Muriel Silberstein-Storfer: Art Educator, A Legend in Her Own
art is where it all starts,” explains Muriel Silberstein-Storfer,
revered art educator who created the immensely popular Parent-Child
Studio Workshops at the Metropolitan Museum of Art and founded
the non-profit outreach organization, Doing Art Together. If human
beings had not created art, there would be no art today, she reminds
those who regard it as expendable, a luxury for the rich. Art
is a necessity in life, and it is for everyone. Explaining the
hands-on philosophy of her workshops, she quotes an old Chinese
proverb, “What I hear, I forget; what I see, I remember; what
I do, I know.”
Silberstein-Storfer learned to communicate through the arts at
a very early age and credits her art instructor and mentor at
Fieldston High School, Victor d’Amico, with teaching her that
“disciplined art skills and aesthetic awareness could enhance
every area of life.” “He changed my life,” she says. She majored
in Theater Arts, studying costume and scene design, at Carnegie
Tech, now Carnegie Mellon University, and afterward, while attending
a parent-child workshop with her three young children at The Museum
of Modern Art’s Institute of Modern Art, which was headed by d’Amico,
discovered the power of interactive shared experiences and the
wisdom of her mentor’s conviction that parents must encourage
sensory awareness and creativity to help their children grow.
She became an instructor at the MOMA
Institute and after it closed in 1970 continued to teach at various
venues discovering that her methods were effective whatever a
student’s background. In 1972 she was asked by The Metropolitan
Museum of Art to organize parent-child workshops for members.
She started with 2 classes a week and today, thirty years later,
brings her skills and passion to 8 groups of three to five year
olds and their accompanying parents, grandparents, or caregivers.
In many cases, the classes have become a family tradition and
children, when grown, bring their own children to the workshop.
One mother is currently attending with her fifth child, having
already shared the art experience with the other four.
class is disciplined, structured, and joyous. It is not playtime,”
explains Silberstein -Storfer. Children and parents sit on separate
sides of the room and work individually. They learn to use materials,
tools and imagination and to communicate through the non-verbal
language of art. The class begins with a demonstration and discussion;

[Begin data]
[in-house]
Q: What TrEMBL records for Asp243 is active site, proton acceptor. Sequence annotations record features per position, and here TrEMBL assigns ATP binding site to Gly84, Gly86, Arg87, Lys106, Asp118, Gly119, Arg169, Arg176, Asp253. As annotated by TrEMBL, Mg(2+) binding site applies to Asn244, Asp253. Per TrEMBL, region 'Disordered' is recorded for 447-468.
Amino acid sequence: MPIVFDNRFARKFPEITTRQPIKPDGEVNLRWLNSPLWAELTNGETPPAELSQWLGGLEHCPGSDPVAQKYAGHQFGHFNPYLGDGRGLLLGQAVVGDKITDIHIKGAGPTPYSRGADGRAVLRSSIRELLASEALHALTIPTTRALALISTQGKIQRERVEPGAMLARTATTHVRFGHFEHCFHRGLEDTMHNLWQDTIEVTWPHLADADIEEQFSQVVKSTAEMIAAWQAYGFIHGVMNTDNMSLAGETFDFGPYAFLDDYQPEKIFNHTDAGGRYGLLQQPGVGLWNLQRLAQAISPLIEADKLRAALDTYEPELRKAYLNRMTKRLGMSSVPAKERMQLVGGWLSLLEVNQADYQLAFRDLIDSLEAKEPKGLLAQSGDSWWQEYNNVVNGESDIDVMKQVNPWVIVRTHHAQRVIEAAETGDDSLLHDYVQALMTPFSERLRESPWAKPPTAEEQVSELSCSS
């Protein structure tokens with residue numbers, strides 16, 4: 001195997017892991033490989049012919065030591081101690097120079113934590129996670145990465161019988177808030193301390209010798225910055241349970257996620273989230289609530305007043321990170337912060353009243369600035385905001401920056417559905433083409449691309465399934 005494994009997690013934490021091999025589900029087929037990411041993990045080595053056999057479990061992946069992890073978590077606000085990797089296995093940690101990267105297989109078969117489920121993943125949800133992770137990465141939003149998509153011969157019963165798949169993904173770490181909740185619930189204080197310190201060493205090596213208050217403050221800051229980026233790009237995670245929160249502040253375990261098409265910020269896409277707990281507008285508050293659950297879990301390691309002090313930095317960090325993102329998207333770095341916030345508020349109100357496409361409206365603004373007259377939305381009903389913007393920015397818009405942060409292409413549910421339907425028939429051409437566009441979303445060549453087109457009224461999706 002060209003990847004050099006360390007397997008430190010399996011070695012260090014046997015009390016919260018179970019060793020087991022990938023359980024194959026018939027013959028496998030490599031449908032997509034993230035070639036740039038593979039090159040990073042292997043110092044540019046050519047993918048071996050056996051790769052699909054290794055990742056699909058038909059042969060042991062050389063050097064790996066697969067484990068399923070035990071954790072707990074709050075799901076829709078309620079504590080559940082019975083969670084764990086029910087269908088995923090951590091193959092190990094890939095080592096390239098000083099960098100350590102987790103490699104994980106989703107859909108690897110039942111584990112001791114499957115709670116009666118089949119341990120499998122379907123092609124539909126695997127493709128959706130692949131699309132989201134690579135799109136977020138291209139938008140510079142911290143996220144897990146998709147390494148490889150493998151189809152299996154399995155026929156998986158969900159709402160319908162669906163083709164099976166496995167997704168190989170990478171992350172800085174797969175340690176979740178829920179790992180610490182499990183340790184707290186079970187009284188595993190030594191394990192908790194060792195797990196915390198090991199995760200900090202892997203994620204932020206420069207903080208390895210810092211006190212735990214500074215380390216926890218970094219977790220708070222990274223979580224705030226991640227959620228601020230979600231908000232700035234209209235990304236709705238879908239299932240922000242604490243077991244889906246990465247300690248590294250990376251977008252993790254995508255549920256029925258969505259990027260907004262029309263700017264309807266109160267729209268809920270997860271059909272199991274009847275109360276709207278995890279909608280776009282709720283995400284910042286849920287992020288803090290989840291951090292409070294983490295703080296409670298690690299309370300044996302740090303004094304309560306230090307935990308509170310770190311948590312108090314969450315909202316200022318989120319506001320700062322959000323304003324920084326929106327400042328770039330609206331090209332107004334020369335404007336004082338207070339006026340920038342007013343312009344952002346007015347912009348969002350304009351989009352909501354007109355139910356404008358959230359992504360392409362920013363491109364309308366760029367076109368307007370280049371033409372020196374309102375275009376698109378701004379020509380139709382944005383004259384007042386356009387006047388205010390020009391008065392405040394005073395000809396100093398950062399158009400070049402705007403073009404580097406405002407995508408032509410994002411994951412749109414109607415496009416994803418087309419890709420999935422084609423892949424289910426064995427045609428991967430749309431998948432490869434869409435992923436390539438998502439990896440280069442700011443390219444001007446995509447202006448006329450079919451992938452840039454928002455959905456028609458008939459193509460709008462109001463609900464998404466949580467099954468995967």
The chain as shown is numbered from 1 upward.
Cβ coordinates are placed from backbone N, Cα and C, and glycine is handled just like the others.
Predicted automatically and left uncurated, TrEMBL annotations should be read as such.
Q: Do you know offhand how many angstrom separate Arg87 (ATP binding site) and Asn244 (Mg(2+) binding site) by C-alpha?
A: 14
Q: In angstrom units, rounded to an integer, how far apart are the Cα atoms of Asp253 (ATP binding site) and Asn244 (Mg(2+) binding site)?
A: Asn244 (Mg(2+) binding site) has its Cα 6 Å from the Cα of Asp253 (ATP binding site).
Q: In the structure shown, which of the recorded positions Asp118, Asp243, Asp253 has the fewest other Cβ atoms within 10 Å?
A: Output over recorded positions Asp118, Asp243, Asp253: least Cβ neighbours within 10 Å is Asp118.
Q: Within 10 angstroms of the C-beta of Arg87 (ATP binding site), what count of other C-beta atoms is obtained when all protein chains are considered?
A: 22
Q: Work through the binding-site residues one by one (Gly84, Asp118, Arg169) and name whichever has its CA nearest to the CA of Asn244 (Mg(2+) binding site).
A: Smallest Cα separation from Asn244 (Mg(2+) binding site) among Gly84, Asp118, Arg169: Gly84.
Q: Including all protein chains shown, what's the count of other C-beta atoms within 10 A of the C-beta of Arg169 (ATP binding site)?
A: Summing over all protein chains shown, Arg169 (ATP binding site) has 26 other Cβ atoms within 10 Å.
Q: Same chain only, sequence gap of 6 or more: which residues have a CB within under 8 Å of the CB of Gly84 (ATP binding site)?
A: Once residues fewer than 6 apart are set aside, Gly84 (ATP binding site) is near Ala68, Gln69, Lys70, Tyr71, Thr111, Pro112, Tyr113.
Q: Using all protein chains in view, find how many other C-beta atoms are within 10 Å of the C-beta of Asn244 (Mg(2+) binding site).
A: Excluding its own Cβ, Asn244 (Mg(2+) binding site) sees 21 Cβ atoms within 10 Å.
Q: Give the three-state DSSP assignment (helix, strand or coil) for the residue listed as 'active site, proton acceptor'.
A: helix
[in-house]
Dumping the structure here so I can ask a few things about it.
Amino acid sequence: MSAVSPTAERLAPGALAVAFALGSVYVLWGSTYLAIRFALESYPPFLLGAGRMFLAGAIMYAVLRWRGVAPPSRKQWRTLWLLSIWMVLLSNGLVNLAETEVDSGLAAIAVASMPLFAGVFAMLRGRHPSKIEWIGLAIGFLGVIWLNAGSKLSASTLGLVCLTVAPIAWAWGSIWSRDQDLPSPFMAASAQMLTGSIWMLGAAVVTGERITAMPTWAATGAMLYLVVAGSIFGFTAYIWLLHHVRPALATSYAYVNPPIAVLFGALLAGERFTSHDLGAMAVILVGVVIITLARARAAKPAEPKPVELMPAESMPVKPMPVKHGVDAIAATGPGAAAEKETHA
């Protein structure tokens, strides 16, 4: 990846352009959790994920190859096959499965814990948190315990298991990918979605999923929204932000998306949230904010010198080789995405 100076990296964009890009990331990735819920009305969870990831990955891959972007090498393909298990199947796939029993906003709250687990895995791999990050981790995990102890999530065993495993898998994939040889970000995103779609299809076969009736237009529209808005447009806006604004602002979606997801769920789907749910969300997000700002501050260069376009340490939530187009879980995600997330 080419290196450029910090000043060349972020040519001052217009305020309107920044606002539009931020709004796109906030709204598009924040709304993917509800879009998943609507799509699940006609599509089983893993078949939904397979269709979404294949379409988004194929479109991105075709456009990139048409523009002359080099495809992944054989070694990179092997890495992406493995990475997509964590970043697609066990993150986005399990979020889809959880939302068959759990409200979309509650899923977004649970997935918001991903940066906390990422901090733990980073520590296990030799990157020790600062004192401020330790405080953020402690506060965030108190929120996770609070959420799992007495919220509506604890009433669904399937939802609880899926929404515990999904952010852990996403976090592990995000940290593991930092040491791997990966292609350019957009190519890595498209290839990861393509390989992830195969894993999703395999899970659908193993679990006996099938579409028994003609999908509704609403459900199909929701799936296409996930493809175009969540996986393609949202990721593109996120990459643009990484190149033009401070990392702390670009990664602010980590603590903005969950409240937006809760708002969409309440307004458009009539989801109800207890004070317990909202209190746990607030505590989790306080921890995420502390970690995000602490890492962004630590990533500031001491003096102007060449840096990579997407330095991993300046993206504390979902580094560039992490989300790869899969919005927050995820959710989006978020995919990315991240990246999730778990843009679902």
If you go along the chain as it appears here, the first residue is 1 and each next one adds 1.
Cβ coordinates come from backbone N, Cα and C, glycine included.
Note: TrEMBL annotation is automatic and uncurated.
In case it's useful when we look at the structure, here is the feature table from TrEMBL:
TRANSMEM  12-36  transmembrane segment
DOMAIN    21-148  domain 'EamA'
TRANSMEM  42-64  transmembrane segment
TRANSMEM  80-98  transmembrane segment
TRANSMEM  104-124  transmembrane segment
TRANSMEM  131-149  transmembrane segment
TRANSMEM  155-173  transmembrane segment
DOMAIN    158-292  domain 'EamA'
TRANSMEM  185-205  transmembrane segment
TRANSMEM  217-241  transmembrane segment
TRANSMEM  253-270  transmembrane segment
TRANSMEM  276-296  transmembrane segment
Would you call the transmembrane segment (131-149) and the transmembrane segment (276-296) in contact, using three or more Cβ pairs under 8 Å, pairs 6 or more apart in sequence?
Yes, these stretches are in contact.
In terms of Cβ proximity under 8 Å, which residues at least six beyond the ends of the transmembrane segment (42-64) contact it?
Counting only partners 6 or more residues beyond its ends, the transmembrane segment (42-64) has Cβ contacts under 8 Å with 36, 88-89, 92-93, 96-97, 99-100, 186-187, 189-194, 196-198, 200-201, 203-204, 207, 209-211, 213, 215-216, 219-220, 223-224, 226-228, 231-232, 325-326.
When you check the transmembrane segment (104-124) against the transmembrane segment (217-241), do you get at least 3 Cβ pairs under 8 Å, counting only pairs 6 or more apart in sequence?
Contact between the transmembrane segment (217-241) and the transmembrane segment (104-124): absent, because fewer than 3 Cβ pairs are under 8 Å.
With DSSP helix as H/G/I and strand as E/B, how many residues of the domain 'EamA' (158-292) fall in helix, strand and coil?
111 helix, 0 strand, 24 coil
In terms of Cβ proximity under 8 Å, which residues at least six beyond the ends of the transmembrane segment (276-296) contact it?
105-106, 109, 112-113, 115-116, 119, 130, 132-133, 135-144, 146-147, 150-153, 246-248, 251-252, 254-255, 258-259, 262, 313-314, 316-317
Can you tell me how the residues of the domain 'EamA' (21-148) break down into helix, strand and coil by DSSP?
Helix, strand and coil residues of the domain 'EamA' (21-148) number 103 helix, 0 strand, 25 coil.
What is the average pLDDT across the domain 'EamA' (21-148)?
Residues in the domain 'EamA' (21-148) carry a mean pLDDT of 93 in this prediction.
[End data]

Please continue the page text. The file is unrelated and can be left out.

for example, how various brushstrokes can create different feelings
and environments. By working diligently, the parents in the room
convey to their child the serious pleasure of “doing art.” They
learn art vocabulary and working procedures to use with their
child at home, and they have fun.
In 1982, wanting to reach a broader population, Silberstein-Storfer
established Doing Art Together in collaboration with her colleague,
art educator/studio instructor Electra Askitopoulos Friedman.
They acquired the cooperation of the Board of Education and the
Metropolitan Museum of Art. The mission of this not-for-profit
organization is to foster “hands on” art courses in schools and
social service agencies, including Head Start programs, hospitals
and rehabilitation centers. Mrs. Friedman is the program director,
acting as school liason. She meets with principals and classroom
teachers for orientations, discussions of curriculum and professional
development training.Classrom teachers do the projects along with
the children in six to 24-week programs, which include a museum
visit and a school exhibition of their work. The success of these
initiatives, together of the publication of their book Doing
Art Together in 1982 led to the recognition of the Doing Art
Together organization as a valued asset to the field of art education.
The book is a step-by-step guide to replicating the Met workshops
at home or in other settings. A CD-Rom for children, “look what
I see,” followed in 1997.
That to Muriel Silberstein-Storfer “life and art are inseparably
entwined” is seen by the many roles she plays in the city’s art
world. She is a community trustee emeritus of The Metropolitan
Museum of Art and sits on its education and borough relations
committees. She was a long-time member of the Art Commission of
the City of New York, the agency that reviews all art and architecture
on public land, and currently is on its Associates executive committee.
She received the prestigious Artworks 2000 Art Educator Award
from the New York City Art Teachers Association (NYCATA). She
sits on many boards and commissions and has received numerous
awards. And you can still have the pleasure of learning from her
in her classes, from her book, or by watching her CD-ROM.#
questions about Doing Art Together, call 212-650-2512. For information
about classes at The Met call the membership department at 212-570-3753.
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